05 March 2014
End hunger fast
by Graeme Stevenson
More and more people are just one unexpected bill away from facing bare cupboards, say End Hunger Fast.Today, on Ash Wednesday, the Government face a huge and growing call to take action on welfare, wages and food markets in the 2014 budget from the campaign.
In a country considered to be the world's seventh largest economy, where bankers' salaries have recently hit the headlines again and Manchester United's Wayne Rooney has signed a new contract worth £299,000 a week, a startling number of people are still turning to food banks just to be able to feed themselves and their families here in the UK.
A letter from faith leaders, including 27 bishops, and 20 leading charities are calling on the Government to act on the national crisis of hunger. Just Fair, Oxfam, Church Action on Poverty and Child Poverty Action Group are just some of the backers who have thrown their weight behind End Hunger Fast for its official launch in a letter to national newspapers announcing "Hunger has returned to Britain".
More than 400 food banks are run up and down the country, aiding those who may be victims of redundancy, sickness, or delays in receiving benefits. Even some who are working but whose low pay is not enough to cover all of their living costs have found themselves turning to one of these food banks for help.
Last year The Trussell Trust reported that the numbers needing emergency help from food banks had shot up by 170 per cent over the course of the previous year. This figure appears to have increased further since last Easter. Church Action on Poverty and Oxfam have estimated that a total of over 500,000 people were helped by independent and Trussell Trust food banks in 2012-13 compared with 350,000 the year before.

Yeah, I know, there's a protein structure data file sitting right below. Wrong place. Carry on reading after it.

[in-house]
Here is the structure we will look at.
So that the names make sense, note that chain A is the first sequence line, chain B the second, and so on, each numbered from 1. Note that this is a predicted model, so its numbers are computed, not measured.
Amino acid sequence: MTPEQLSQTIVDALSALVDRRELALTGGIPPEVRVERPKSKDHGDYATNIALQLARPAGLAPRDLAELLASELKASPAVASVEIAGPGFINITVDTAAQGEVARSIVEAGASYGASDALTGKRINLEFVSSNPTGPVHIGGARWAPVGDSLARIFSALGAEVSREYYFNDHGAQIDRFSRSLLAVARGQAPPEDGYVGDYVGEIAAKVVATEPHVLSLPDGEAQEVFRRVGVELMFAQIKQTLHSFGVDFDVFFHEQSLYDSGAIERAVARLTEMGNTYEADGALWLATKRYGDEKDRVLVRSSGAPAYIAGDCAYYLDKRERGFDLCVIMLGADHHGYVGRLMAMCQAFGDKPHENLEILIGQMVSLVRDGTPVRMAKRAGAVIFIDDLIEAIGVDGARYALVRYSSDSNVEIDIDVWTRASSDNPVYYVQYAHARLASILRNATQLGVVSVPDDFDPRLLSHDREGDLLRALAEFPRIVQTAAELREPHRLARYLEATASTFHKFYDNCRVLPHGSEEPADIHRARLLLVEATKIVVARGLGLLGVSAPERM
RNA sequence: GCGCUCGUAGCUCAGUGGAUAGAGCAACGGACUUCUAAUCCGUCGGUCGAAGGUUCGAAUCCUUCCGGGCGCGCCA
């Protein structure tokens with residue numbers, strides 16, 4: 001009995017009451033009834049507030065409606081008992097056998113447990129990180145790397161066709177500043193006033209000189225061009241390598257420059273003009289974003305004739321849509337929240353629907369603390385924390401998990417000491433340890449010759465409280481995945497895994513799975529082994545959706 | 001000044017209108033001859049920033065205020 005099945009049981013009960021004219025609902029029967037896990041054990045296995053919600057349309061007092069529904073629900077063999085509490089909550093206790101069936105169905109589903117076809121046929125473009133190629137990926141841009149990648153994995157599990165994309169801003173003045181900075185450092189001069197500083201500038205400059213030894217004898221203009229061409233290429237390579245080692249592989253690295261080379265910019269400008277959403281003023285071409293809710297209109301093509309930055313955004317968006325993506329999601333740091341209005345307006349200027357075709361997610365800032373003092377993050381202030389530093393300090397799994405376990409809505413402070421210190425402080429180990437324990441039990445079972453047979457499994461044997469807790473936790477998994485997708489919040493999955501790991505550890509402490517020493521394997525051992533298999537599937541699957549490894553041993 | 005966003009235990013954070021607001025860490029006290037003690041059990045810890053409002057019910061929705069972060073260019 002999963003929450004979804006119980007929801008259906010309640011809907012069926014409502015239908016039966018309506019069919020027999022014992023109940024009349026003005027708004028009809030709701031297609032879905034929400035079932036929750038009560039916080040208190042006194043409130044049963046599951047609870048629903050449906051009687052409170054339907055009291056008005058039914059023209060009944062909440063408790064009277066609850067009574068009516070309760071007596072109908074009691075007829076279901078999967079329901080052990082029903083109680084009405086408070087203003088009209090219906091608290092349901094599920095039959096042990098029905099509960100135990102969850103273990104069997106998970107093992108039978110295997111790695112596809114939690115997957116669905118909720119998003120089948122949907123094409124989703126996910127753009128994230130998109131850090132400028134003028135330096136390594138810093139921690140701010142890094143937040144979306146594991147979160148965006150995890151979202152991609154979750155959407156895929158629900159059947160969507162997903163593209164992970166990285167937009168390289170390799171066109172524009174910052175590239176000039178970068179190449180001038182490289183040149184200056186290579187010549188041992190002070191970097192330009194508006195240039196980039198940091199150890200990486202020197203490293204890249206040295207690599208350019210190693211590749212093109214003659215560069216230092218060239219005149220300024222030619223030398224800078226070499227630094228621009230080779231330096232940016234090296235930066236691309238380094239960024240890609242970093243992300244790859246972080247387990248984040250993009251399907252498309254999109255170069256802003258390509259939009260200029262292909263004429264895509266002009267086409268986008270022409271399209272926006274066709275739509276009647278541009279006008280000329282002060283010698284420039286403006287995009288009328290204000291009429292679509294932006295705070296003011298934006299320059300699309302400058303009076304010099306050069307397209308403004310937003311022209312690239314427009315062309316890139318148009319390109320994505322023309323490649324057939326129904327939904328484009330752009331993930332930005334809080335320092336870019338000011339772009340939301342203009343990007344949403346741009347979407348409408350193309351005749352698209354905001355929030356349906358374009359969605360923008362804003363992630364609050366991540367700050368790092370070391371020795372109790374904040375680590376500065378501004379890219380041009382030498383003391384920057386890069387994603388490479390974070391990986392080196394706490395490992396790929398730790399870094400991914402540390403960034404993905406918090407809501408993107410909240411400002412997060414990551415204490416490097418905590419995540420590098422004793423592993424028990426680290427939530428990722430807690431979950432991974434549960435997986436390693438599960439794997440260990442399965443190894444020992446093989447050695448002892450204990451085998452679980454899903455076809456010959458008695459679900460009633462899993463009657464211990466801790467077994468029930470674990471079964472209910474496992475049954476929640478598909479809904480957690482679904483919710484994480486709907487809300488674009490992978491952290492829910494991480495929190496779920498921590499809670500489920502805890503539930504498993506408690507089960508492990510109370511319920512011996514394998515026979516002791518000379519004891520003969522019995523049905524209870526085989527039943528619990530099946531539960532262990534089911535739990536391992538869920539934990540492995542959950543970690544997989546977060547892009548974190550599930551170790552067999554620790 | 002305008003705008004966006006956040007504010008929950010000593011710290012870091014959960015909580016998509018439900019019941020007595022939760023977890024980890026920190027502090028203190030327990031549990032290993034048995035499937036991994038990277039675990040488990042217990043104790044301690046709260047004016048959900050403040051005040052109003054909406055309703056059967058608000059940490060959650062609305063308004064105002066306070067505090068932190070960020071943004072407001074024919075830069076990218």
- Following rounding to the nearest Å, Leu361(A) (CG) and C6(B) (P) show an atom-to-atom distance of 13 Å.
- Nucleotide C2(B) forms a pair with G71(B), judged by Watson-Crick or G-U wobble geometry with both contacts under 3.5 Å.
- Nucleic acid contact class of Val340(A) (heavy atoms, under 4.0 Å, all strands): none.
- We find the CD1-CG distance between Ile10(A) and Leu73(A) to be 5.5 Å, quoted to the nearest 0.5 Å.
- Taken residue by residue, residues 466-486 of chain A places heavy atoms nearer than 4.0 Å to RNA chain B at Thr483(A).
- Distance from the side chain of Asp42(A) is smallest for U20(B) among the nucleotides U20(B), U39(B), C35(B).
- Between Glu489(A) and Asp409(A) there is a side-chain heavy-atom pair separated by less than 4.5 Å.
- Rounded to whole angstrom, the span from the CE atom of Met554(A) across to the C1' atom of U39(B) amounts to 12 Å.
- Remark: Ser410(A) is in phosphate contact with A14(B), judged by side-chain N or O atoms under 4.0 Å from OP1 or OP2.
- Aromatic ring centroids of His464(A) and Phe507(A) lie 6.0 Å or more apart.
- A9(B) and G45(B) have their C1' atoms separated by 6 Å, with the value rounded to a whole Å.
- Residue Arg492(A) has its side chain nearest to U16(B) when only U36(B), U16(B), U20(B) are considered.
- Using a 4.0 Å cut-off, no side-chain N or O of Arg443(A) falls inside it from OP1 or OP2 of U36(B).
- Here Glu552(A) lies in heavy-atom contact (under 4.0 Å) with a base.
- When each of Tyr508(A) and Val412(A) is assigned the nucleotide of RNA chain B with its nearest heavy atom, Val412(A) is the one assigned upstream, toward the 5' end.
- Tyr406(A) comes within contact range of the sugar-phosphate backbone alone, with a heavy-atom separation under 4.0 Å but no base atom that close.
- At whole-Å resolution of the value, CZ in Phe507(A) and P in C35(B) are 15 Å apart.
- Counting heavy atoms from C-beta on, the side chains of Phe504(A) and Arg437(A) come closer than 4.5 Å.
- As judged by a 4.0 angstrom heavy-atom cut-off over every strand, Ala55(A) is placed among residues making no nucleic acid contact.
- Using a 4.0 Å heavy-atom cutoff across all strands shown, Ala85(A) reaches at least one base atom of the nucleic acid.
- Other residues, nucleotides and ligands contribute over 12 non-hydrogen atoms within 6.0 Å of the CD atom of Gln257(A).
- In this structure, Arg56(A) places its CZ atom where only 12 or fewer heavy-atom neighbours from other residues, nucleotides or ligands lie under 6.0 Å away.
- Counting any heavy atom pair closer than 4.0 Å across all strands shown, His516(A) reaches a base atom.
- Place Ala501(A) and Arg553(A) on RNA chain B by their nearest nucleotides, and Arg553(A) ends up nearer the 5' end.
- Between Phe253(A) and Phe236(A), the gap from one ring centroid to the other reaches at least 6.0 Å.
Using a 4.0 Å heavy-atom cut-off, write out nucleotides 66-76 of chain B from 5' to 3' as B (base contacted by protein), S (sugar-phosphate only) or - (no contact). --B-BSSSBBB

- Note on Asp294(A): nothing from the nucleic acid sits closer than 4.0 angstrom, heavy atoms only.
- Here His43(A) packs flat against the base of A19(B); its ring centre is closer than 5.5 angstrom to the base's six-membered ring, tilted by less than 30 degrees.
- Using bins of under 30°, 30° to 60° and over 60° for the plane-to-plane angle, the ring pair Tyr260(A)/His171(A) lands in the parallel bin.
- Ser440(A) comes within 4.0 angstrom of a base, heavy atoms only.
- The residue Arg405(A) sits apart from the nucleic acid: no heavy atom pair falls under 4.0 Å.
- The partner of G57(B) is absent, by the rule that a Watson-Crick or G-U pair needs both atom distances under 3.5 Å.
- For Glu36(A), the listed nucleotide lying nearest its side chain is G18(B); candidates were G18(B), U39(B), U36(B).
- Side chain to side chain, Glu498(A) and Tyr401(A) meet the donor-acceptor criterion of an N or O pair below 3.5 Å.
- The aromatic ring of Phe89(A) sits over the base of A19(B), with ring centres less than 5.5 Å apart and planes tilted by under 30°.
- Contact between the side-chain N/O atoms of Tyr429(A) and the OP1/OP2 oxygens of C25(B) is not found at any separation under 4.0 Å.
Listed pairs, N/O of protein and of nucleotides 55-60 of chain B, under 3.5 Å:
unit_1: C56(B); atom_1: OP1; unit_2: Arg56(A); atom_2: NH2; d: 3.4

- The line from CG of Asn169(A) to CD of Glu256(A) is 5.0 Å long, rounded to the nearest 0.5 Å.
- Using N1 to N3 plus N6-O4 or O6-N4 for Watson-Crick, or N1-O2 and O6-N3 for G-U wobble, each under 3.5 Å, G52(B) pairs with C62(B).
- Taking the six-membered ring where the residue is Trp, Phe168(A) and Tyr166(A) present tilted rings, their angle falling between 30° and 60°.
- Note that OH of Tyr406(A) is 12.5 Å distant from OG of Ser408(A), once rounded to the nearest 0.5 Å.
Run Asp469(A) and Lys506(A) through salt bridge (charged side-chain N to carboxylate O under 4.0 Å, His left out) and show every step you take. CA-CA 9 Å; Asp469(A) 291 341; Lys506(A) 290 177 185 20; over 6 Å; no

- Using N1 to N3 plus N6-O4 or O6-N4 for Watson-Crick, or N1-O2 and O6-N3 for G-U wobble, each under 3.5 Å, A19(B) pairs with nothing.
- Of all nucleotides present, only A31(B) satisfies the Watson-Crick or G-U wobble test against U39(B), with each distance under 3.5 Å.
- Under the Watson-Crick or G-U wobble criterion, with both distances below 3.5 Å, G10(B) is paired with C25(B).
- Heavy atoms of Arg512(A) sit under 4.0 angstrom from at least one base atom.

To mark the start of the 40 day fasting relay, campaigners and church leaders will assemble near the Houses of Parliament and invite the public to fast in solidarity with the thousands of Britons going hungry. Building up to a national day of fasting on 4 April, the End Hunger Fast campaign is calling on the Government to take notice.
End Hunger Fast has been critical of the current benefits system, claiming that core reasons for the increase in people relying on food banks are "capping increases in benefits to 1 per cent rather than indexing them to inflation, and incompetency in and reform of the benefits system". Apparently 30 per cent of those visiting food banks do so because their benefits have been delayed.
Prime Minister David Cameron is facing pressure over his welfare reforms. This pressure has come most notably from the Archbishop Vincent Nicholls, who claimed on Radio 4's Today programme that Cameron's welfare cuts were 'deeply wrong' and leaving people in a 'destitute situation' where they would have to 'depend solely on the hand-outs of the charity of food banks'.
Cameron, while defending Archbishop Nichols' right to speak out against government policy, hit back at these criticisms by claiming that the reforms are to help give "new purpose, new opportunity, new hope, and new responsibility to people who had previously been written off." These reforms, Cameron argues, are about encouraging people to actively find work and better themselves instead of being 'forgotten about' in the benefits system.
Cameron's defence of the reforms are proving unsatisfactory to those who feel they will only exasperate the problem of hunger in Britain.
The End Hunger Fast campaign is hoping to grab the government's attention. Christians are being encouraged by those within the campaign to share their pledge with a local MP, while calling on them to take action against rising food prices, stagnant wages and failures in the welfare system.